Each year, the American Planning Association holds its annual conference in a different city. Having heard of the work of several urban farming groups in Chicago and nearby Milwaukee, I perused the conference program in the hope that it would include sessions in local food production and distribution. Finding no less than 5 such sessions, I put up my hard earned dollars to visit the windy city. Chicago lived up to its reputation. When I arrived, the late morning temperatures last Saturday were in the low 40’s and the wind made it feel like the 20s.
Despite the weather, downtown Chicago is a planner’s dream. It is attractive, functional, inspirational, and it retains its cultural heritage. At the turn of the 20th century, famed Chicago planner Daniel Burnham said “Make no little plans; they have no magic to stir men’s blood and probably themselves will not be realized. Make big plans; aim high in hope and work.” His work in the 1893 World’s Columbian Exposition inspired the City Beautiful Movement. And beautiful high rises bearing his name still dot the famous towntown “loop”.
On our first night there, my wife and I sought out one of Burnham’s ornate buildings to find
a restaurant called the Attwood Cafe which proudly serves locally-source food. The meal and setting were worth the long cold walk from our hotel.
During the session entitled Urban Agriculture and Community Development/ Revitalization, Orrin Williams of the Center for Urban Transformation spoke of the possibility that 50% of the metropolitan region’s food could come from food sources in the seven counties surrounding Chicago. That, too, is a bold vision worth pursuing. Recently, Chicago press announced the opening of the largest indoor vertical farm (see image below) in Chicago. No ‘small plans’ indeed!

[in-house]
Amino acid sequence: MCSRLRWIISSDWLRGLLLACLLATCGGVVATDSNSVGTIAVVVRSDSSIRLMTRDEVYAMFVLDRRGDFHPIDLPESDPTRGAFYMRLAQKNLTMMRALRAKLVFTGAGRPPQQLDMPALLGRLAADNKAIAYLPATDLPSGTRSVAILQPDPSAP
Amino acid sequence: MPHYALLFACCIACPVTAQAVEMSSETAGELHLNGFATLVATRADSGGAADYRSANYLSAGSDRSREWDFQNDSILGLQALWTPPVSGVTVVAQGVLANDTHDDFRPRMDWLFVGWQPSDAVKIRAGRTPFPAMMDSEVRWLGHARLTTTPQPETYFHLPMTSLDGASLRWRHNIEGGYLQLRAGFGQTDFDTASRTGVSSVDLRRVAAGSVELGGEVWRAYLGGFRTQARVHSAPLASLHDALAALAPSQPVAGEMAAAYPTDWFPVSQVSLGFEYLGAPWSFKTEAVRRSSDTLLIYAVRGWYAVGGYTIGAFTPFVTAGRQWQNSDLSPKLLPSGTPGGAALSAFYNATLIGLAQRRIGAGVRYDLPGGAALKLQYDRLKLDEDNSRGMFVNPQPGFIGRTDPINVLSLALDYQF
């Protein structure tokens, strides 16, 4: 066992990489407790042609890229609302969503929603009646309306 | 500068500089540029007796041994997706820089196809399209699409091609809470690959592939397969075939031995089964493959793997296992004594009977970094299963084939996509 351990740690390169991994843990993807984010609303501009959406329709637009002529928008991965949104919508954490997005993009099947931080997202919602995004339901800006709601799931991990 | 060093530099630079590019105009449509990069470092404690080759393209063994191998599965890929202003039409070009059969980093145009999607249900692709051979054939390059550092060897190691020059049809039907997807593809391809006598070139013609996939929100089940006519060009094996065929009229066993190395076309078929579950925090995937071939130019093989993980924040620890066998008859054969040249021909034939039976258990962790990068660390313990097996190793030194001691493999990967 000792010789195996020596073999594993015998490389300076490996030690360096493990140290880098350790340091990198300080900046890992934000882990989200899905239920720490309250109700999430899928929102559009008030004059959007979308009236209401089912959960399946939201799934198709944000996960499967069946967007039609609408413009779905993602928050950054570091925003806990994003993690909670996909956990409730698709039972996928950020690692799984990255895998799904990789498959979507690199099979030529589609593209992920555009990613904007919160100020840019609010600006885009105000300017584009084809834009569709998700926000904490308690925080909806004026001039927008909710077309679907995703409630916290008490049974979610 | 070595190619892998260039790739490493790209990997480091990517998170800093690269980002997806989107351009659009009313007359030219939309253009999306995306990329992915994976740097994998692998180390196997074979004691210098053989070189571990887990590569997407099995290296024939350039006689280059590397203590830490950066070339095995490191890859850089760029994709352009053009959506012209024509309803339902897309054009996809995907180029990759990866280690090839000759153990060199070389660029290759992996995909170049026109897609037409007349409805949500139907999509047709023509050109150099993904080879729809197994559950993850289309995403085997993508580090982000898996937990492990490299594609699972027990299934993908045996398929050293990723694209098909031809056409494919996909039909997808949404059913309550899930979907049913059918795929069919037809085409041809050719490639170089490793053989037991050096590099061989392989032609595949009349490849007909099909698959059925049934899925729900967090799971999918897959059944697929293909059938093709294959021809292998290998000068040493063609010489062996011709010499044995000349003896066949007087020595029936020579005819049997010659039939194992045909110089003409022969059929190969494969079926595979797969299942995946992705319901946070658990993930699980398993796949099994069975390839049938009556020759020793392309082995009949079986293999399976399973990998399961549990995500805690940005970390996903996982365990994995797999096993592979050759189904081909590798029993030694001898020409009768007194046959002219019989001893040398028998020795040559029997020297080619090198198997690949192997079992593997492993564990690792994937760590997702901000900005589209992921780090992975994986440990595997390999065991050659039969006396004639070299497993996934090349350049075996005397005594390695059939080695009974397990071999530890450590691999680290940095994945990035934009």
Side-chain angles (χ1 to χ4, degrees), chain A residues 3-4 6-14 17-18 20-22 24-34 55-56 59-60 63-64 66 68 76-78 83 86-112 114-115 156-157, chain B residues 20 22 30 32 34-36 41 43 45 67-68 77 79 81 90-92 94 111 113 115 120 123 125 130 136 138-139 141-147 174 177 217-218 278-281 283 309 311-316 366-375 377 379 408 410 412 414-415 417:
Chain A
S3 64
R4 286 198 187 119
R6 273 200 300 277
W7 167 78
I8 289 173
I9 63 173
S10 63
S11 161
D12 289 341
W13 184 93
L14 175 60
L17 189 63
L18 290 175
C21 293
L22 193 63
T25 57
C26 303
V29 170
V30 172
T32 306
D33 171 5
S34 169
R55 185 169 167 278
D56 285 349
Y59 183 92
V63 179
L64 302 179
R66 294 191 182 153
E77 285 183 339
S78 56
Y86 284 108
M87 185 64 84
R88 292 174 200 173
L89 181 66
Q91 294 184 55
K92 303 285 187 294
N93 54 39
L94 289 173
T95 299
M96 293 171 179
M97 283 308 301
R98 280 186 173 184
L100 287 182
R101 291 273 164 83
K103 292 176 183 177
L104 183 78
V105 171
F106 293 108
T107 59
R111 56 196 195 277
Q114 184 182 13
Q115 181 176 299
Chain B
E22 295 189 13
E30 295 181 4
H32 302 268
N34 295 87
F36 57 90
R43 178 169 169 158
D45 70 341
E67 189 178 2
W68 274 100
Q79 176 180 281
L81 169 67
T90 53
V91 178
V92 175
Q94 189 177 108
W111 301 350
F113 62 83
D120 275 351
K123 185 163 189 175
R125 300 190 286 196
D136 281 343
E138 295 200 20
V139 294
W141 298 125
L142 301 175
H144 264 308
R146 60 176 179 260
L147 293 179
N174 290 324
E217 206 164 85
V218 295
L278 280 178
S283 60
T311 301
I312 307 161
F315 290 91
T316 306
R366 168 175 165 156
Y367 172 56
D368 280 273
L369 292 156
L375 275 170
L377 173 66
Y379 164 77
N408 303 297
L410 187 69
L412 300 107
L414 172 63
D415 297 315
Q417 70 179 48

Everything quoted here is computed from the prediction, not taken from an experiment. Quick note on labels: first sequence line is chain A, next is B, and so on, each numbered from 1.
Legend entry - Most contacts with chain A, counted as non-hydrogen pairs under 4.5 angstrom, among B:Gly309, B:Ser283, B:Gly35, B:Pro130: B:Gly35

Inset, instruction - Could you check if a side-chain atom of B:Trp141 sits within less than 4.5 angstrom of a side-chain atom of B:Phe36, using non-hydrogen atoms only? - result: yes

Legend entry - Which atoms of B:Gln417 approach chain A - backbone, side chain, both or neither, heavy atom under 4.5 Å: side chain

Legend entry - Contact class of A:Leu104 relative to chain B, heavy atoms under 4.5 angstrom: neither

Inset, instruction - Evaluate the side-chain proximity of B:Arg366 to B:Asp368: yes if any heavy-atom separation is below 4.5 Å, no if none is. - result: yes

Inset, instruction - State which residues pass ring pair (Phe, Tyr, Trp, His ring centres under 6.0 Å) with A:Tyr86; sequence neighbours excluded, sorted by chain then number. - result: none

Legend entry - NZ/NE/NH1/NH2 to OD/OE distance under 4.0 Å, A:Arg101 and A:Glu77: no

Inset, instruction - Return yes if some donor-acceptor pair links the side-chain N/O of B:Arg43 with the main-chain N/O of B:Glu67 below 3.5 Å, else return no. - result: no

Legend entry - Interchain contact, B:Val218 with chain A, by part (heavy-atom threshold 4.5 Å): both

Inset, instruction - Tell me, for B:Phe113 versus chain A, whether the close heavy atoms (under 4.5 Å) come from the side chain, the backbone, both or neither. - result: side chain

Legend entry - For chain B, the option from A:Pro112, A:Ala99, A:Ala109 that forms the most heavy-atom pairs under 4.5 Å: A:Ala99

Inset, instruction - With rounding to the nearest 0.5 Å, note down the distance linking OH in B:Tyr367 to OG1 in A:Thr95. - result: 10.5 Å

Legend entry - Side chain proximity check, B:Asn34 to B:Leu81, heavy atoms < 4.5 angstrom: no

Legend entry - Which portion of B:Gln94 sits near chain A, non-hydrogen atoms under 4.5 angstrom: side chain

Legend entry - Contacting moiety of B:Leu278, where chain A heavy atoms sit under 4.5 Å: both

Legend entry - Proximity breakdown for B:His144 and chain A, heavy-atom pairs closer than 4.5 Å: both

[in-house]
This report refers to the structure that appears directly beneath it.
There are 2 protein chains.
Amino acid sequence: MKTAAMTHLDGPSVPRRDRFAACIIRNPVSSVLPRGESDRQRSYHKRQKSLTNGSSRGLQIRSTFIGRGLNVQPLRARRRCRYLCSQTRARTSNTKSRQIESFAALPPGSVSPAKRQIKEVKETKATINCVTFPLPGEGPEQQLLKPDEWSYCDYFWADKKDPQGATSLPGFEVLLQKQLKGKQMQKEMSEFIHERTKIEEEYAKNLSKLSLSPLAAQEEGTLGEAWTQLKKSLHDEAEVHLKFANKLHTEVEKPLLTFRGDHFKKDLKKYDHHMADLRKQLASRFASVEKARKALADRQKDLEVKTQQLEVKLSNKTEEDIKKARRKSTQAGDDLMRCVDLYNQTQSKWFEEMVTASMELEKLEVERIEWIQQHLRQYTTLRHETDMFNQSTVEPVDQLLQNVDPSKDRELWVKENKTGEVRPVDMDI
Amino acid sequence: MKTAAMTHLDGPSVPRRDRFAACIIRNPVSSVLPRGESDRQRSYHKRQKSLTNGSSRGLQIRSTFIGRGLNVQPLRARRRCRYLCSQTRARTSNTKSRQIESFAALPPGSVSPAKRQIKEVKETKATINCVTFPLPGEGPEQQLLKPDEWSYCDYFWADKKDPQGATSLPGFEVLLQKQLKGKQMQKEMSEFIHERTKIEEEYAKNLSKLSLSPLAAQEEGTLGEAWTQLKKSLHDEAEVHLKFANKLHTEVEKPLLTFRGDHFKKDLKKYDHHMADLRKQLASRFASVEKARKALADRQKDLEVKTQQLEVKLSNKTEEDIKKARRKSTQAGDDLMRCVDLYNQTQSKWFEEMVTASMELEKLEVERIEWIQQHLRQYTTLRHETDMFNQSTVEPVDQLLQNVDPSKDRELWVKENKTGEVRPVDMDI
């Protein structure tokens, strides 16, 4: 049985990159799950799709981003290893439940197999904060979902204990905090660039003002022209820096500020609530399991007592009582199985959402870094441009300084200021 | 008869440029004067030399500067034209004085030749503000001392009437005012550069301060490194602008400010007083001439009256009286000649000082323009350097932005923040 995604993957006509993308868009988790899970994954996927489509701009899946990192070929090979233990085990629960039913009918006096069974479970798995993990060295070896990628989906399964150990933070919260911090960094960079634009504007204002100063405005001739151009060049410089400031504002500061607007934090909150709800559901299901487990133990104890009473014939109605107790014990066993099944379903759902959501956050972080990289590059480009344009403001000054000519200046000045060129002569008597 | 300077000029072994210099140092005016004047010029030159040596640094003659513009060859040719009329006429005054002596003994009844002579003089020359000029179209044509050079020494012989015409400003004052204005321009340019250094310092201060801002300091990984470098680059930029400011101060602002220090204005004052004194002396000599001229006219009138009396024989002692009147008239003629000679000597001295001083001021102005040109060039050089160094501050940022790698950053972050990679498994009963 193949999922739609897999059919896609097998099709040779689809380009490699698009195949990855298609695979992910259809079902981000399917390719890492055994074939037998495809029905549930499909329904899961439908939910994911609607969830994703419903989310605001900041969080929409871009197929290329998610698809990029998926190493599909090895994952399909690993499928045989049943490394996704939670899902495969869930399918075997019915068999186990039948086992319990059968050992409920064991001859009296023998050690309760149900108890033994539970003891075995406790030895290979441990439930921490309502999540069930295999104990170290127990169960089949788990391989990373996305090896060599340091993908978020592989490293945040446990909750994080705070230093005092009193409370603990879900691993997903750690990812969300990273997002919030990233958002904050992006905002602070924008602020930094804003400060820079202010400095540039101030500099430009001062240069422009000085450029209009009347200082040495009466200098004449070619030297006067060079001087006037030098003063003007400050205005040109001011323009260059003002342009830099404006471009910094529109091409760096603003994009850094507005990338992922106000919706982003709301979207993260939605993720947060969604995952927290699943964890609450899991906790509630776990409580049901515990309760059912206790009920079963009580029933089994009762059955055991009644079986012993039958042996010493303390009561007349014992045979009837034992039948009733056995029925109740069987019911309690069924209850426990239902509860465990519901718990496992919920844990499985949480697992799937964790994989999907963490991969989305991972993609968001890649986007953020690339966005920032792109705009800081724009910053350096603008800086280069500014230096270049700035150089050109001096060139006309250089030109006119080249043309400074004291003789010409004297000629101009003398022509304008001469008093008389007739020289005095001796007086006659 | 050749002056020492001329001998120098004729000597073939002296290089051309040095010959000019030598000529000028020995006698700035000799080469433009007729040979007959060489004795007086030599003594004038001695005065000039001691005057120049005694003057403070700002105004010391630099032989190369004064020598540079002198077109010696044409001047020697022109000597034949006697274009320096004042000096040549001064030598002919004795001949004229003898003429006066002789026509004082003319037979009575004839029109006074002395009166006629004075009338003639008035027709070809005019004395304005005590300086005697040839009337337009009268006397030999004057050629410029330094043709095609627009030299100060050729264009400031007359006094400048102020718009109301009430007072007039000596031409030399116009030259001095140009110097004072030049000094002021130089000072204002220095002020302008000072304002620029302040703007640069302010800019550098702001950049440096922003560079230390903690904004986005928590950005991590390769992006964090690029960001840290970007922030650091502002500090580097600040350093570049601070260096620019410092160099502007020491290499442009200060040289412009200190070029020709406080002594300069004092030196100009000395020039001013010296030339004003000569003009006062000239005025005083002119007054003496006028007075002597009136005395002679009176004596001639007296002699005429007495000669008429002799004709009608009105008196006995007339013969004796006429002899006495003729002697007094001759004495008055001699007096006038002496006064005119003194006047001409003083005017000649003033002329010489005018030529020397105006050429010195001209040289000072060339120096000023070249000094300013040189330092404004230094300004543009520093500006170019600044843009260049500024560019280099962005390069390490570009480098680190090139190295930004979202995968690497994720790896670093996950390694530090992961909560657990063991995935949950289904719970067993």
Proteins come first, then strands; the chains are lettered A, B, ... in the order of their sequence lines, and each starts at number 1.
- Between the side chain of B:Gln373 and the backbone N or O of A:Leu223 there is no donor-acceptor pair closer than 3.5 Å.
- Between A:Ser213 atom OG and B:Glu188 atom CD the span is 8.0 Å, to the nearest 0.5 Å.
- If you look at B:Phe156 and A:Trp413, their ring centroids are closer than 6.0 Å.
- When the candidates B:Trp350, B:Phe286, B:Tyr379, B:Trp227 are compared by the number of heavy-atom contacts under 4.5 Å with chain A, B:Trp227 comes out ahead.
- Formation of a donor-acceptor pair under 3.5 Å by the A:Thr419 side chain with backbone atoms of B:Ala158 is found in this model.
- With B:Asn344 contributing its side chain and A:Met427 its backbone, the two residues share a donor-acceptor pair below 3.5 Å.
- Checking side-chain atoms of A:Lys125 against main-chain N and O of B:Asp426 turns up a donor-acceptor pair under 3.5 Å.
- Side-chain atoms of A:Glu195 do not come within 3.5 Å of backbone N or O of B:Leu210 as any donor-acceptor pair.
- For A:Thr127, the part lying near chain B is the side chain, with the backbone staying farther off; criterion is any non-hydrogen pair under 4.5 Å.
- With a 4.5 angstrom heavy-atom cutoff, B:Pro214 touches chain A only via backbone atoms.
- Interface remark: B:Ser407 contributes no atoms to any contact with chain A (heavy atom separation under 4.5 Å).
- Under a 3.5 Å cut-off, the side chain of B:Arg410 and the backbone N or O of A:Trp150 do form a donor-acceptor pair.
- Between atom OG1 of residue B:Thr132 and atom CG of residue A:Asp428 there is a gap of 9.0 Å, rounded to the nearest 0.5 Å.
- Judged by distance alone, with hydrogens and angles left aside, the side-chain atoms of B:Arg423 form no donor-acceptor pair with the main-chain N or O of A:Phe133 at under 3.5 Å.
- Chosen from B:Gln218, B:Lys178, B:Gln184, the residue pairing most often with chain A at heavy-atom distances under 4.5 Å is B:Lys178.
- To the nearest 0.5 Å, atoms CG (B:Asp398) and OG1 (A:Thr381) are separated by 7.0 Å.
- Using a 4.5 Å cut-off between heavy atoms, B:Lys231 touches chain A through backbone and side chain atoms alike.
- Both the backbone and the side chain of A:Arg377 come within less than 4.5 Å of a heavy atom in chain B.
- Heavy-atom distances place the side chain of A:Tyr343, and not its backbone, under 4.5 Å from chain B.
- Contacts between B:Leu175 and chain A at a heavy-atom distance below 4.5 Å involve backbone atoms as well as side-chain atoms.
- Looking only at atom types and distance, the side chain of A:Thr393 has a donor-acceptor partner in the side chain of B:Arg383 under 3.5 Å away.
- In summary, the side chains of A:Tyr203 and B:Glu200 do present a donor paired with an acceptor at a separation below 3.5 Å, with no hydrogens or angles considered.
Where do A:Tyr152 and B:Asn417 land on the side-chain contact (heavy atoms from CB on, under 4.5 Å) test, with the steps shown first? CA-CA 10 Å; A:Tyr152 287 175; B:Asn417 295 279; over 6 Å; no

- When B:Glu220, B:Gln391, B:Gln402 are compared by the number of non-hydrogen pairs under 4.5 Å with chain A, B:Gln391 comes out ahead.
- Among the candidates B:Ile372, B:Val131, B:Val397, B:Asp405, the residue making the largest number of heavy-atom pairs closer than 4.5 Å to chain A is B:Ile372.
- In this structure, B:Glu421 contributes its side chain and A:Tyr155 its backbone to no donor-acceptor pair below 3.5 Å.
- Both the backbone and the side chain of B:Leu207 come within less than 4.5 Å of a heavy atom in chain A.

In the various sessions, planners pointed out the necessity of working toward increased food self-sufficiency within regions. With aquifers declining, energy costs increasing, major droughts persisting, and a predicted world population of 9 billion, experts are wondering where the food will come from. Planners mentioned food shortages in major cities just after 9/11, when rail and truck transportation stopped for just a short while.
I attended sessions such as Building Local Capacity to Promote Food Access, Urban Agriculture and Community Development/Revitalization, Planning for Local Food Production, and Food Logistics and Transportation. These topics may be covered in more detail over the next few weeks.
Beyond all the practical reasons for towns and cities to promote food security, I found broad enthusiasm in Chicago for the local food movement. The conference reinforced my belief that the local food movement is growing because people see this as one concrete way to show their love of the earth and their communities, while at the same time eating more flavorful food. Food that did not sit on a truck or a boat for days or weeks and then get artificially ripened before it reaches the store.